Vinter And Others v The United Kingdom: ECHR 9 Jul 2013

(Grand Chamber) The appellants had each been convicted of more than one murder and had been sentenced to to whole life terms. They complained that the absence of a possibility of review or remission
The applicants had each been convicted of multiple murders and sentenced to to whole life terms of imprisonment. They had appealed saying that the term was effectively fixed and that the absence of any hope of remission, infringed their human rights.
Held: The appeal succeeded. There had been a violation of Article 3 in relation to the whole life orders imposed on the basis that they were not reducible.
Legal Summary: Article 3
Degrading treatment
Inhuman treatment
Imprisonment for life with release possible only in the event of terminal illness or serious incapacitation: violation
Facts – In England and Wales murder carries a mandatory life sentence. Prior to the entry into force of the Criminal Justice Act 2003 the Secretary of State was empowered to set tariff periods for mandatory life-sentence prisoners indicating the minimum term they must serve before they became eligible for early release on licence. Since the entry into force of the Act, that power is now exercised by the trial judge. Prisoners whose tariff was set by the Secretary of State under the previous practice may apply to the High Court for a review.
All three applicants were given ‘whole life orders’ following convictions for murder. Such an order means that their offences are considered so serious that they must remain in prison for life unless the Secretary of State exercises his discretion to order their release on compassionate grounds if satisfied that exceptional circumstances – in practice, terminal illness or serious incapacitation – exist. The whole life order in the case of the first applicant, Mr Vinter, was made by the trial judge under the 2003 Act and upheld by the Court of Appeal on the grounds that Mr Vinter already had a previous conviction for murder. The whole life orders in the cases of the second and third applicants had been made by the Secretary of State under the previous practice, but were confirmed on a review by the High Court under the 2003 Act in decisions that were subsequently upheld on appeal. In the case of the second applicant, Mr Bamber, it was noted that the murders had been premeditated and involved multiple victims; these factors, coupled with sexual gratification, had also been present in the case of the third applicant, Mr Moore.
In their applications to the European Court, the applicants complained that the imposition of whole life orders meant their sentences were, in effect, irreducible, in violation of Article 3 of the Convention.
In a judgment of 17 January 2012 (see Information Note 148), a Chamber of the Court held, by four votes to three, that there had been no violation of Article 3 of the Convention as the applicants’ sentences did not amount to inhuman or degrading treatment. In particular, the applicants had failed to demonstrate that their continued detention served no legitimate penological purpose. The Chamber also laid emphasis on the fact that the applicants’ whole life orders had either been recently imposed by a trial judge (in the case of Mr Vinter) or recently reviewed by the High Court (in the cases of Mr Bamber and Mr Moore).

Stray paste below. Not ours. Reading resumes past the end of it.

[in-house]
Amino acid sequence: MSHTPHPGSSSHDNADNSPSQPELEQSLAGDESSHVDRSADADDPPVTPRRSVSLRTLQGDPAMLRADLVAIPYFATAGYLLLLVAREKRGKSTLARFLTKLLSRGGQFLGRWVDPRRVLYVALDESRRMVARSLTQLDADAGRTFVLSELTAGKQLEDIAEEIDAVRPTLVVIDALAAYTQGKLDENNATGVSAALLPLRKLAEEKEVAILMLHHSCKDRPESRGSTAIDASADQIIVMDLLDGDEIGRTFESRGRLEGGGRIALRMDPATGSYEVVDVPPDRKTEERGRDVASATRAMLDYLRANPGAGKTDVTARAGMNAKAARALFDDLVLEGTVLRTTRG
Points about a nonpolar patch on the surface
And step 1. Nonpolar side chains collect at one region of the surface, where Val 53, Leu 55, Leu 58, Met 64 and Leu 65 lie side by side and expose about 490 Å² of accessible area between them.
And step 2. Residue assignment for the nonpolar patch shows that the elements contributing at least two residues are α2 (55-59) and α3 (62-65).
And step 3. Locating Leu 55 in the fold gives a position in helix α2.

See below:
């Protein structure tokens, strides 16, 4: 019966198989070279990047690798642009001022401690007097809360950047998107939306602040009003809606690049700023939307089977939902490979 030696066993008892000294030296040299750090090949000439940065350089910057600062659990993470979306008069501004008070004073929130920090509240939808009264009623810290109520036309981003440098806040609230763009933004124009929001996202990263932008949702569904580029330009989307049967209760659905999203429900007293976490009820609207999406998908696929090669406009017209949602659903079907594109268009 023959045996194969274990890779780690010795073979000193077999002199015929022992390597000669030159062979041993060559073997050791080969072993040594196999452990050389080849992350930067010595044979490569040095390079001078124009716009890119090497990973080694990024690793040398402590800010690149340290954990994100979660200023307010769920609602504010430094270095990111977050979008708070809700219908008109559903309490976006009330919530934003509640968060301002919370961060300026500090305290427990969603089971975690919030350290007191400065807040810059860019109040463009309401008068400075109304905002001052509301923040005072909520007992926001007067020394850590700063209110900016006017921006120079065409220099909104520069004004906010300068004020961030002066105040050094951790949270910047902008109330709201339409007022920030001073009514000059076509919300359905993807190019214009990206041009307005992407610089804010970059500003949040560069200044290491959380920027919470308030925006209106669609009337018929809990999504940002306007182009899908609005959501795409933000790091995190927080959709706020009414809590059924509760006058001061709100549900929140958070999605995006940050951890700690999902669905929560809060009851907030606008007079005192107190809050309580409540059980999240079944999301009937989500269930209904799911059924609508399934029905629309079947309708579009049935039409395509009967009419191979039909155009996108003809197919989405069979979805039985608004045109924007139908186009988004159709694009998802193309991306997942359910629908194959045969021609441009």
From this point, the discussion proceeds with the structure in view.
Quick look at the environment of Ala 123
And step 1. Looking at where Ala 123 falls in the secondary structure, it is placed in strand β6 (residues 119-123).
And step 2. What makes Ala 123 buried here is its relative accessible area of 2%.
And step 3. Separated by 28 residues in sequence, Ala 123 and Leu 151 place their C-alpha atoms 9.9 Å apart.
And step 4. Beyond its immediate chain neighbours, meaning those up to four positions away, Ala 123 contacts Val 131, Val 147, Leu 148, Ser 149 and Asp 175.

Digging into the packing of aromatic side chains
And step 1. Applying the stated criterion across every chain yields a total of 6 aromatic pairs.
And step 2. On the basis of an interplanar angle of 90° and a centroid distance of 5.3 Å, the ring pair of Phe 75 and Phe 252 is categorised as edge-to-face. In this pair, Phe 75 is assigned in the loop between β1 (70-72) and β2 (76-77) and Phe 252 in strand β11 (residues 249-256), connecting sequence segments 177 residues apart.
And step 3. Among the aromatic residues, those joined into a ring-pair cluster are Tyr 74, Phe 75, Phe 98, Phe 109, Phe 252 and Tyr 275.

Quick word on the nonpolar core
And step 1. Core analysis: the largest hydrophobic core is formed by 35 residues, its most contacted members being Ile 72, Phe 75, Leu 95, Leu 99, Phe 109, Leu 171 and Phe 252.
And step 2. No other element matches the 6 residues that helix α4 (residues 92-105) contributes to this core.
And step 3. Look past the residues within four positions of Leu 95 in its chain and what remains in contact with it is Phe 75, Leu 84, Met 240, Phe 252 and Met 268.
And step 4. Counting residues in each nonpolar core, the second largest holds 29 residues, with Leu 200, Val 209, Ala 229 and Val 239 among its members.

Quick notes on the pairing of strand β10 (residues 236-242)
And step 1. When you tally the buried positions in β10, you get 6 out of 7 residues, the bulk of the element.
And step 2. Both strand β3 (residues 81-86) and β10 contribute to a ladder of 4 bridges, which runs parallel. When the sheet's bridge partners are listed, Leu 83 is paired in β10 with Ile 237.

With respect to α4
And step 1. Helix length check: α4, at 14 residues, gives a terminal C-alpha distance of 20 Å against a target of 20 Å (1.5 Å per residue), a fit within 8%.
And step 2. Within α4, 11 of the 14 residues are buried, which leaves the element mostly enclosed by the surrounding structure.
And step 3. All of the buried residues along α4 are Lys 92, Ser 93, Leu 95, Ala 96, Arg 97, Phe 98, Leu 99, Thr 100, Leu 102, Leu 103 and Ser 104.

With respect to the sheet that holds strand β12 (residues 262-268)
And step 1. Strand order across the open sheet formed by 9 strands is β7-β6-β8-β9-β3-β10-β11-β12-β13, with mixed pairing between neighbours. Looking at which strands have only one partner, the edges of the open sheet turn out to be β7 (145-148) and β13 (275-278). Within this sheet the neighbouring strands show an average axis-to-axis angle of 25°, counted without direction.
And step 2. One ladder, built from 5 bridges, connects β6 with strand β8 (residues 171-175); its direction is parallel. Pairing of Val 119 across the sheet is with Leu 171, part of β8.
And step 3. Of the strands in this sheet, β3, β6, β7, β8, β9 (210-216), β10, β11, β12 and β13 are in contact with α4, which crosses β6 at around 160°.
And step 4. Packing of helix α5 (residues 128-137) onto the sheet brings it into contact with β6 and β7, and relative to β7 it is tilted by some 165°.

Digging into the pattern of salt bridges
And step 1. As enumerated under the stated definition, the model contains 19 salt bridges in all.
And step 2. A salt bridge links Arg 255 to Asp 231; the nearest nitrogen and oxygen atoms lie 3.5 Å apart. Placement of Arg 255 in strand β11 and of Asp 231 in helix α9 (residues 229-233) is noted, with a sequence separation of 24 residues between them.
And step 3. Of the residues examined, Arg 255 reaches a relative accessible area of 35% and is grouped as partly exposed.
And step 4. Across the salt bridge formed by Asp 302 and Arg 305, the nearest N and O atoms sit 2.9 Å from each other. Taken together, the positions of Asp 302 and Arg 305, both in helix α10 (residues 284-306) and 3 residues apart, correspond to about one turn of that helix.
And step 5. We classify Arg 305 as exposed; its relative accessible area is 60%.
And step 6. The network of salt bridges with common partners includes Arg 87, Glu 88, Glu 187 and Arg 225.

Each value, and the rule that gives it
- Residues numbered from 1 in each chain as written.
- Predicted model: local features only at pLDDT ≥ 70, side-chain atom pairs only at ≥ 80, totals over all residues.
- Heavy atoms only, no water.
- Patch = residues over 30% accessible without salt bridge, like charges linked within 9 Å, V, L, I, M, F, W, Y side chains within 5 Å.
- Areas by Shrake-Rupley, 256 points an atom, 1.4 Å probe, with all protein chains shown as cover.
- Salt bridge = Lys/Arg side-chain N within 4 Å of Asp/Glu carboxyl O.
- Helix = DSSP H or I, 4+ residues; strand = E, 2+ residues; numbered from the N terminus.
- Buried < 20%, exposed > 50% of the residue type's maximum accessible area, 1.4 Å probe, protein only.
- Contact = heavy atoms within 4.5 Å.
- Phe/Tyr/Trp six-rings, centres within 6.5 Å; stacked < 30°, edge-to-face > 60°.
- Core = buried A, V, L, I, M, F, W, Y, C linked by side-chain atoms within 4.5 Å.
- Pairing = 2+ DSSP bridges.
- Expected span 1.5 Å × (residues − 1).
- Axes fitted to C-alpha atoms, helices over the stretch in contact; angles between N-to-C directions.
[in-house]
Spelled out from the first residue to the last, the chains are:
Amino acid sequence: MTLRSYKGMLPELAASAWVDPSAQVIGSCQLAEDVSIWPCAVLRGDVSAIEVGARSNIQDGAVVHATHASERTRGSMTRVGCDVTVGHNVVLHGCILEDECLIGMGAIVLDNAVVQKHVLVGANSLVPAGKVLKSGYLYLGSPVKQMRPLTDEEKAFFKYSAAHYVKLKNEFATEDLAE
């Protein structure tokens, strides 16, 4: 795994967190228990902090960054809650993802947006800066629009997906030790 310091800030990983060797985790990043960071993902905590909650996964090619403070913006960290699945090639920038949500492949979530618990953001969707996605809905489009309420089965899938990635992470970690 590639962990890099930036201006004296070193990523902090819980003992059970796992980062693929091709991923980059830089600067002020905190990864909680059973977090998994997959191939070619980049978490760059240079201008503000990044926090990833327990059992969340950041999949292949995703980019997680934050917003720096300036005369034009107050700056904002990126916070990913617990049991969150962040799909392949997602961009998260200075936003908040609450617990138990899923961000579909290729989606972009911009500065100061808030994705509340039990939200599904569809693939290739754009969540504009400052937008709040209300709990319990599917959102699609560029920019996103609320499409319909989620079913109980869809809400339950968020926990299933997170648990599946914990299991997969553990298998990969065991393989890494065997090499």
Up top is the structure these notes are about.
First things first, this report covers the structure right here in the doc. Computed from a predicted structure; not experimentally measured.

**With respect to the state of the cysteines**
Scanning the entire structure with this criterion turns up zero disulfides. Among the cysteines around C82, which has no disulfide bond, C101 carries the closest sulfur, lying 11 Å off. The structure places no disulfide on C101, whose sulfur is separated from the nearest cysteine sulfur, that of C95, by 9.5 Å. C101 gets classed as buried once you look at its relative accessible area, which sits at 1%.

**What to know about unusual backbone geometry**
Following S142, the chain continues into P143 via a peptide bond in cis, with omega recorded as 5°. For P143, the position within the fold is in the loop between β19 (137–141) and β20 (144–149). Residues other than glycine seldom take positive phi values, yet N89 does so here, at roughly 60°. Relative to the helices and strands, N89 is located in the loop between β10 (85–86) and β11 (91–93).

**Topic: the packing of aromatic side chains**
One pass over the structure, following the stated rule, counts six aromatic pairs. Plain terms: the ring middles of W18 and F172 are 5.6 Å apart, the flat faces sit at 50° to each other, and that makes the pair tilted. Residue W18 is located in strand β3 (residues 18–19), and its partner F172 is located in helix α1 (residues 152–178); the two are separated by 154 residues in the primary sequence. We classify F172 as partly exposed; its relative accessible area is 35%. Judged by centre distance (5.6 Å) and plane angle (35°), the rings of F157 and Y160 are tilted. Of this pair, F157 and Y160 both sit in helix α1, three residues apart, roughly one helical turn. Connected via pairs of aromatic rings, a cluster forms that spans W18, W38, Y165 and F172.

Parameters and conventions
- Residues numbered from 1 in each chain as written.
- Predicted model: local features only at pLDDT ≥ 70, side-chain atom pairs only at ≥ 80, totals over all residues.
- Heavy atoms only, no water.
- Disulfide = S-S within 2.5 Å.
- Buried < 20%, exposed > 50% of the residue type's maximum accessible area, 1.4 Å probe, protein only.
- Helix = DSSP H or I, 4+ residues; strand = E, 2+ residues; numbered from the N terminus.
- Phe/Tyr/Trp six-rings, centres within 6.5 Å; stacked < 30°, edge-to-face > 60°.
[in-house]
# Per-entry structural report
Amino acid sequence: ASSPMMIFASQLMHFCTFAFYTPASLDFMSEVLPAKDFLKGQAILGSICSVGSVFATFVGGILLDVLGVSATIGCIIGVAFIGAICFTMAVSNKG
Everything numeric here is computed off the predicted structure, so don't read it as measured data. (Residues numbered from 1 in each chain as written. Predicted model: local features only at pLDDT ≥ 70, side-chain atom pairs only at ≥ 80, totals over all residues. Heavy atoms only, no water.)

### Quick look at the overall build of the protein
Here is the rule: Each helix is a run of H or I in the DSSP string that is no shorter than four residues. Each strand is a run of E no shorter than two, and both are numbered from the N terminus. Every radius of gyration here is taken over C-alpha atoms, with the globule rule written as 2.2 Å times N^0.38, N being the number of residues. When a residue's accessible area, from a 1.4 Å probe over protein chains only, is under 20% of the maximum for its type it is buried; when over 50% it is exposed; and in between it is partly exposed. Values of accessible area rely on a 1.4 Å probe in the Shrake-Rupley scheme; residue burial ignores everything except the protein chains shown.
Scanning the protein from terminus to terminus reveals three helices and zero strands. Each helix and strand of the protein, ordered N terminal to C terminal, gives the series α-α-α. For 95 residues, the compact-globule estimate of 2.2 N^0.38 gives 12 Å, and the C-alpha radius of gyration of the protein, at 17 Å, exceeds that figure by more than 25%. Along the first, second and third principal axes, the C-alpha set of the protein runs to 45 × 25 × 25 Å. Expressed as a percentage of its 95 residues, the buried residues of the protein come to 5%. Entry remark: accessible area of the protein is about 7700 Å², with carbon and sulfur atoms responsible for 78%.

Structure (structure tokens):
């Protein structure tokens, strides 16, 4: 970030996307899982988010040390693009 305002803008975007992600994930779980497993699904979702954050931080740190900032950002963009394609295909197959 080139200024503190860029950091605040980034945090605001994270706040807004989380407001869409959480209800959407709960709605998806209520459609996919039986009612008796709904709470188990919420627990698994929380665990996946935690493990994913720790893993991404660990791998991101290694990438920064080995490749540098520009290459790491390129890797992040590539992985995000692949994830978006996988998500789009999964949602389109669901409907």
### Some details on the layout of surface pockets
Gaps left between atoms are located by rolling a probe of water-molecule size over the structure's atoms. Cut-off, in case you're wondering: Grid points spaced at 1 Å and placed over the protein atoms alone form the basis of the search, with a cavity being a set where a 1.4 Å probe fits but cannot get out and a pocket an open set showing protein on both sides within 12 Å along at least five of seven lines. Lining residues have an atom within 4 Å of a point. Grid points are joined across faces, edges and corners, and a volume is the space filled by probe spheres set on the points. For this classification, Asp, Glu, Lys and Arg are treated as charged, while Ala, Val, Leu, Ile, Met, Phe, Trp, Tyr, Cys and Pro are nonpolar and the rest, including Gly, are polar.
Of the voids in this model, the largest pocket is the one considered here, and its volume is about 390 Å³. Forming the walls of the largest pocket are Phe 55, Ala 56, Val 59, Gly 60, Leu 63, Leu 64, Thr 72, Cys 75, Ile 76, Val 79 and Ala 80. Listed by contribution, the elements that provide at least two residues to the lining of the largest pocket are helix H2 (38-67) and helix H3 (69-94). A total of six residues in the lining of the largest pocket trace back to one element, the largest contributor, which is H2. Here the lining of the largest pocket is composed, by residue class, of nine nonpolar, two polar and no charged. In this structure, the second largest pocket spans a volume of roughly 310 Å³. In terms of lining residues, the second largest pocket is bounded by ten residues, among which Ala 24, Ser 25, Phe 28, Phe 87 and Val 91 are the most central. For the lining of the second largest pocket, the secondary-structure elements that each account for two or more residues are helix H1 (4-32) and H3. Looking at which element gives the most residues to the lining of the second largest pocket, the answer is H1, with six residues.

Law – Article 3: The Grand Chamber agreed with and endorsed the Chamber’s finding that a grossly disproportionate sentence would violate Article 3 of the Convention, although that test would be met only on rare and unique occasions. In the instant case, the applicants had not sought to argue that their whole life orders were grossly disproportionate; instead, they submitted that the absence of an in-built procedural requirement for a review constituted ill-treatment, not only, as the Chamber had found, when there ceased to be legitimate penological grounds to justify continued detention, but from the moment the order was made.
The Court reiterated that Contracting States must be allowed a margin of appreciation in deciding on the appropriate length of prison sentences for particular crimes and must remain free to impose life sentences on adult offenders for especially serious crimes. However, the imposition of an irreducible life sentence on an adult could raise an issue under Article 3. In determining whether a life sentence in a given case could be regarded as irreducible, the Court would seek to ascertain whether the prisoner could be said to have any prospect of release. Where national law afforded the possibility of review of a life sentence with a view to its commutation, remission, termination or the conditional release of the prisoner, that would be sufficient to satisfy Article 3.
There were a number of reasons why, for a life sentence to remain compatible with Article 3, there had to be both a prospect of release and a possibility of review. Firstly, it was axiomatic that a prisoner could not be detained unless there were legitimate penological grounds for that detention. The balance between the justifications for detention was not necessarily static and could shift in the course of the sentence. It was only by carrying out a review at an appropriate point in the sentence that these factors or shifts could be properly evaluated. Secondly, incarceration without any prospect of release or review carried the risk that the prisoner would never be able to atone for his offence, whatever he did in prison and however exceptional his progress towards rehabilitation. Thirdly, it would be incompatible with human dignity for the State forcefully to deprive a person of his freedom without at least providing him with the chance to someday regain that freedom. Moreover, there was now clear support in European and international law for the principle that all prisoners, including those serving life sentences, should be offered the possibility of rehabilitation and the prospect of release if rehabilitation was achieved.